We acknowledge that we live and work on unceded Indigenous territories and we thank the Musqueam, Squamish and Tsleil-Waututh Nations for their hospitality.
Over the course of a ministry that spanned nearly half a century, Catholic missionary Jean-Charles Pandosy witnessed and participated in one of the most dramatic regional transformations in human history. Whereas Pandosy described his mission field as a wilderness inhabited by des sauvages in 1847, he noted four decades later that the region had sprouted towns and cities teaming with des hommes civilisés, that its landscape had been reshaped through agriculture, logging, and road construction, and that its southern and northern parts had been integrated into the American and Canadian federations -- the former as the state of Washington, the latter as the province of British Columbia. Missionary involvement in this transformation has attracted scholarly attention since the publication of Vincent J. McNally’s The Lord’s Distant Vineyard in 2000, and now Edmond Rivère’s translated biography of Pandosy introduces a general readership to important aspects of this history.
Perhaps the greatest contribution of this biography is its revelation of the scope and complexity of missionary roles in the early development of Washington and British Columbia. Pandosy’s career extended far beyond the altar and the confessional: he worked variously as a farmer, an irrigator, a viticulturist, a carpenter, a teacher, a healthcare provider, a musician, a lexicographer, and an intermediary between Aboriginal groups and the American government. Yet even as he fulfilled these roles, Pandosy expressed grave misgivings about the broader colonial project to which they contributed. He alienated settlers, government officials, and even his clerical superiors by criticizing their treatment of Aboriginal people, and his identification -- assumed or ascribed -- with Yakama political resistance prompted a contingent of the US Army to destroy his mission and to threaten him with lynching. His life story is thus an eloquent example of missionary ambivalence toward colonialism.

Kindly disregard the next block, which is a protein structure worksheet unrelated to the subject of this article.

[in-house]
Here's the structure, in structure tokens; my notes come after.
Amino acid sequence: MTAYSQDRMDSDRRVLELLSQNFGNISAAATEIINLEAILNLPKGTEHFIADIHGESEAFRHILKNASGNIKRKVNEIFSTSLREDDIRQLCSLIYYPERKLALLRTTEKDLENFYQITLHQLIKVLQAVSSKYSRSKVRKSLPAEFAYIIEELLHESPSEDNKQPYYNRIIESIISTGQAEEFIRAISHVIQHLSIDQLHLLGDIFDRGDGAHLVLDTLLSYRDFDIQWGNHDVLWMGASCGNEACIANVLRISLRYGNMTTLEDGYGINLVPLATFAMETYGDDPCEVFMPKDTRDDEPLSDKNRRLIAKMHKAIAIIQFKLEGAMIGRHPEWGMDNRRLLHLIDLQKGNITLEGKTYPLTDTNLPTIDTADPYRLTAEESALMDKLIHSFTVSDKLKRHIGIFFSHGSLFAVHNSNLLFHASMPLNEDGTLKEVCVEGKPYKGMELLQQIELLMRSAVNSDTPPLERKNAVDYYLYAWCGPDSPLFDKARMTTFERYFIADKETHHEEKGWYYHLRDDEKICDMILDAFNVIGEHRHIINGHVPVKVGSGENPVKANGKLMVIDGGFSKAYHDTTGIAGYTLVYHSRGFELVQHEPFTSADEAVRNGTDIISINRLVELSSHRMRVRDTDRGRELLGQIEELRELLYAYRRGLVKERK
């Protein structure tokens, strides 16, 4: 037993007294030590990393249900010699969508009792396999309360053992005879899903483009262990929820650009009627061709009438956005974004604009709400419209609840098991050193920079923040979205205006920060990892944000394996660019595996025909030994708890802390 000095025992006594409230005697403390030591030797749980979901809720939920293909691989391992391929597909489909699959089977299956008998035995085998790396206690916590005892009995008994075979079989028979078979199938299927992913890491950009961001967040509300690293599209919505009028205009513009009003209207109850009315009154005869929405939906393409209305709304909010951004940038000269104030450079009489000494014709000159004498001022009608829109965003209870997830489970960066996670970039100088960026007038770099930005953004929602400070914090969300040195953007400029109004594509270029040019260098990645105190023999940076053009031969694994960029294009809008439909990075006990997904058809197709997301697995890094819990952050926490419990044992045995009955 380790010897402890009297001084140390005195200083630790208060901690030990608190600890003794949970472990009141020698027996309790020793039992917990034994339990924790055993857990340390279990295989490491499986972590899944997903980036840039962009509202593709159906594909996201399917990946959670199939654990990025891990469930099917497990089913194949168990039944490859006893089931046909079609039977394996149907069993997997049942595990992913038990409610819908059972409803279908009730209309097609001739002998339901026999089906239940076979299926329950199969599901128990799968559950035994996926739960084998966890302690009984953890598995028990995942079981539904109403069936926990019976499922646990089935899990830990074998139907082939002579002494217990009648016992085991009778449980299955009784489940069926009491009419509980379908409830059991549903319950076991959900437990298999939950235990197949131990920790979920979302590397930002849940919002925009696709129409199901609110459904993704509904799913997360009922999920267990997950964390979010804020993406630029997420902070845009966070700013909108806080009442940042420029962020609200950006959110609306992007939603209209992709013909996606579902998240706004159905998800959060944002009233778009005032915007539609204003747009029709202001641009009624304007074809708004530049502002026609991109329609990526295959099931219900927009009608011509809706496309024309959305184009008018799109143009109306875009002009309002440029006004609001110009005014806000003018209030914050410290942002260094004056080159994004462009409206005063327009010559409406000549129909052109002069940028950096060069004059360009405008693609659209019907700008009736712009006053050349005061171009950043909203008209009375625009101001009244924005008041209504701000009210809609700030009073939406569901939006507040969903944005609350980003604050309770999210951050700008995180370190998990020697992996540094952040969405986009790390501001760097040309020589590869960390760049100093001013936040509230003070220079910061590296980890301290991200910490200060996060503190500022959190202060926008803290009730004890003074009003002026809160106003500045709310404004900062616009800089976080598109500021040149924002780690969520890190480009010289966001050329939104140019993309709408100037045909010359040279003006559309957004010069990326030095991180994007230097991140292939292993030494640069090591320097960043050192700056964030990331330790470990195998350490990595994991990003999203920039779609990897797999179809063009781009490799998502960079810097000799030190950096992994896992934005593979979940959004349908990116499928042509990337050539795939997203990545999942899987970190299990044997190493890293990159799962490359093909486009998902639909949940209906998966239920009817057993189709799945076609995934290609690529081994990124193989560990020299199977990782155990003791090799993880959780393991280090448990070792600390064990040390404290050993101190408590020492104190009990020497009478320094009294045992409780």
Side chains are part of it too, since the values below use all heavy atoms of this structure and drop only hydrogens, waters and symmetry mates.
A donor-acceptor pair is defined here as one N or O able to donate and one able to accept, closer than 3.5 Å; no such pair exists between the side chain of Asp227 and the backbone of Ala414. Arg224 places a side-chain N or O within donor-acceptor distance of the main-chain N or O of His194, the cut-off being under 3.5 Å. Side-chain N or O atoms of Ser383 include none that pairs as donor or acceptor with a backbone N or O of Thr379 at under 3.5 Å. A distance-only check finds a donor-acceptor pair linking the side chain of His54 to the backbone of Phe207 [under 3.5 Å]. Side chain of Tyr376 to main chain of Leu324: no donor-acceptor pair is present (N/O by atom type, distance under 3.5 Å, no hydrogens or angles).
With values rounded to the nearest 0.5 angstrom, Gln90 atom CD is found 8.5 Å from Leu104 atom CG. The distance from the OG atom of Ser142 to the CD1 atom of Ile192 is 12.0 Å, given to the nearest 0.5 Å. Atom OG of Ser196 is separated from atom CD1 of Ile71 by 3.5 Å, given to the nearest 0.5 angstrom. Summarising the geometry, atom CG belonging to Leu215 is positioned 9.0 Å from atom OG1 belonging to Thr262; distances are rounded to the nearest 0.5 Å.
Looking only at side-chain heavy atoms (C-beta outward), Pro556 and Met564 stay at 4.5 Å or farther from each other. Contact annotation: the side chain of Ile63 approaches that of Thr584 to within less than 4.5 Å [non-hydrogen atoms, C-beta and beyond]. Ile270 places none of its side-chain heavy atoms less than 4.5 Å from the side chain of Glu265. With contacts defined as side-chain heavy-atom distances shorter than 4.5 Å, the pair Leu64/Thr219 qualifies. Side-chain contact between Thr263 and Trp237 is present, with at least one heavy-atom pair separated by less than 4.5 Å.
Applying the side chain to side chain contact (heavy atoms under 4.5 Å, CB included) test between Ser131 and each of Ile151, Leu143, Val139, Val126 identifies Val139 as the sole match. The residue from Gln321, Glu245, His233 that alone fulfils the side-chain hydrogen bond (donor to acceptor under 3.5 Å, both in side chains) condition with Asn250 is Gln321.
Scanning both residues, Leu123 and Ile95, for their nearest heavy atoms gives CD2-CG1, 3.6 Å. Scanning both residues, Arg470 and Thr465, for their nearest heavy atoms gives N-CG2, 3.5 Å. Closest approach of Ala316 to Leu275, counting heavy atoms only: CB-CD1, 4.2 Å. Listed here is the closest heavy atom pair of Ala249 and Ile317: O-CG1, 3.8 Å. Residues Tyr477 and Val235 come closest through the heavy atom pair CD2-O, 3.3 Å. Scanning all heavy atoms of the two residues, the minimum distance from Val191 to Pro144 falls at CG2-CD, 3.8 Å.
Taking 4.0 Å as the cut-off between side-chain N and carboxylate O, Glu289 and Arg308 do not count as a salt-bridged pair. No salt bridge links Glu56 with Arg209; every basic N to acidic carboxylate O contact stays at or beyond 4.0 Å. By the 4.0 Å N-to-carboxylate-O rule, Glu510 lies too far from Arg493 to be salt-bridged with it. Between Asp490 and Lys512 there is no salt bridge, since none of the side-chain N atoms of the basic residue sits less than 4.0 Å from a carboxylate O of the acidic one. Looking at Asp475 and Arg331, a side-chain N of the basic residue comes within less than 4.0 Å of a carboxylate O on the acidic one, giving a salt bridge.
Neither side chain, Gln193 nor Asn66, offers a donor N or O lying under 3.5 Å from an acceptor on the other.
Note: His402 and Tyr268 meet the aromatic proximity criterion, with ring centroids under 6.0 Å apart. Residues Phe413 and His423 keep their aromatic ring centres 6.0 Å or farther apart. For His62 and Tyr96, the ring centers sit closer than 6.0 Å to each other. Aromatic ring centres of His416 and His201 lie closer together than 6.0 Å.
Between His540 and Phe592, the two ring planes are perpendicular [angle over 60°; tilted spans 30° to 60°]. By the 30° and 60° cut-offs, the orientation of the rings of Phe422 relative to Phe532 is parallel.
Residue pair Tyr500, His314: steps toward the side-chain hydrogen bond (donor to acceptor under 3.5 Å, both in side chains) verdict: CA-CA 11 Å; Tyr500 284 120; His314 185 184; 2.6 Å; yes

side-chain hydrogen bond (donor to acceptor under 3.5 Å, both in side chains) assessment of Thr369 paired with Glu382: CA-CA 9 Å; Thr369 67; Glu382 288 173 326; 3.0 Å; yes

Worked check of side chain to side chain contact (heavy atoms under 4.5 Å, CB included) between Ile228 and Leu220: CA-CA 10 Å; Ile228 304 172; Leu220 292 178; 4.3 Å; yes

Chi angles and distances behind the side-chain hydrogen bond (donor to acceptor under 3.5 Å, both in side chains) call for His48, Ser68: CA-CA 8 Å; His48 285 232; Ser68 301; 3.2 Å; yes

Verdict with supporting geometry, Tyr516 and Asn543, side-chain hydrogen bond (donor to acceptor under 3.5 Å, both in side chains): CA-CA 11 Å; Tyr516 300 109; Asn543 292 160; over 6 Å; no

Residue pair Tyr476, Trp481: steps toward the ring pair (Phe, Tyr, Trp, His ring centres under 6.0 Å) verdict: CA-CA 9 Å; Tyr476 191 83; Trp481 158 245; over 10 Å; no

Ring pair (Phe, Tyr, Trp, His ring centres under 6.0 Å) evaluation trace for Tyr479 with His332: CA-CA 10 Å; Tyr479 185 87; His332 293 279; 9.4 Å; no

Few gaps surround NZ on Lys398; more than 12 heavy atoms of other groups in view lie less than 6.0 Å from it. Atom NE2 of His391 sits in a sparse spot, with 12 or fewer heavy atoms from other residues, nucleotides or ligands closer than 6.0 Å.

To relate this life story, Rivère draws primarily on letters and reports penned by Pandosy himself. These sources provide rich insight into the missionary's professional and personal life, and Rivère quotes them at length throughout the biography. Regrettably, he is insufficiently critical of these sources and devotes little attention to their inherent biases, assumptions, and agendas. Although this tendency does not result in hagiographical eulogizing -- Rivère strives for a warts-and-all portrait -- it does have the effect of perpetuating a nineteenth-century missionary discourse about Aboriginal people. Hence, Pandosy's early converts are described as inhabiting a “no man's land” and are noted for their “material debauchery,” their “tendency to completely neglect basic hygiene,” and their ignorance of “the well-founded principles governing the rules for maintaining good health” (28, 44, 54). Compounding this problem is the awkwardness of a text that bears telltale signs of a hurried translation from the French original, first published in 2002 -- overuse of the historical present, word-for-word renderings of French idioms, and jarring references to the wisdom of “Ciceron” and the pontificate of “Leon XIII.”
Despite these serious shortcomings, Father Pandosy is a first step in introducing a general English-speaking readership to a critical chapter in the history of the Pacific Northwest. It reveals a complex colonial process through the lens of a fascinating life story.
Father Pandosy: Pioneer of Faith in the Northwest
Edmond Rivère, translated by Lorin Card
Vancouver: Midtown Press, 2012. 176 pp. $19.95 paper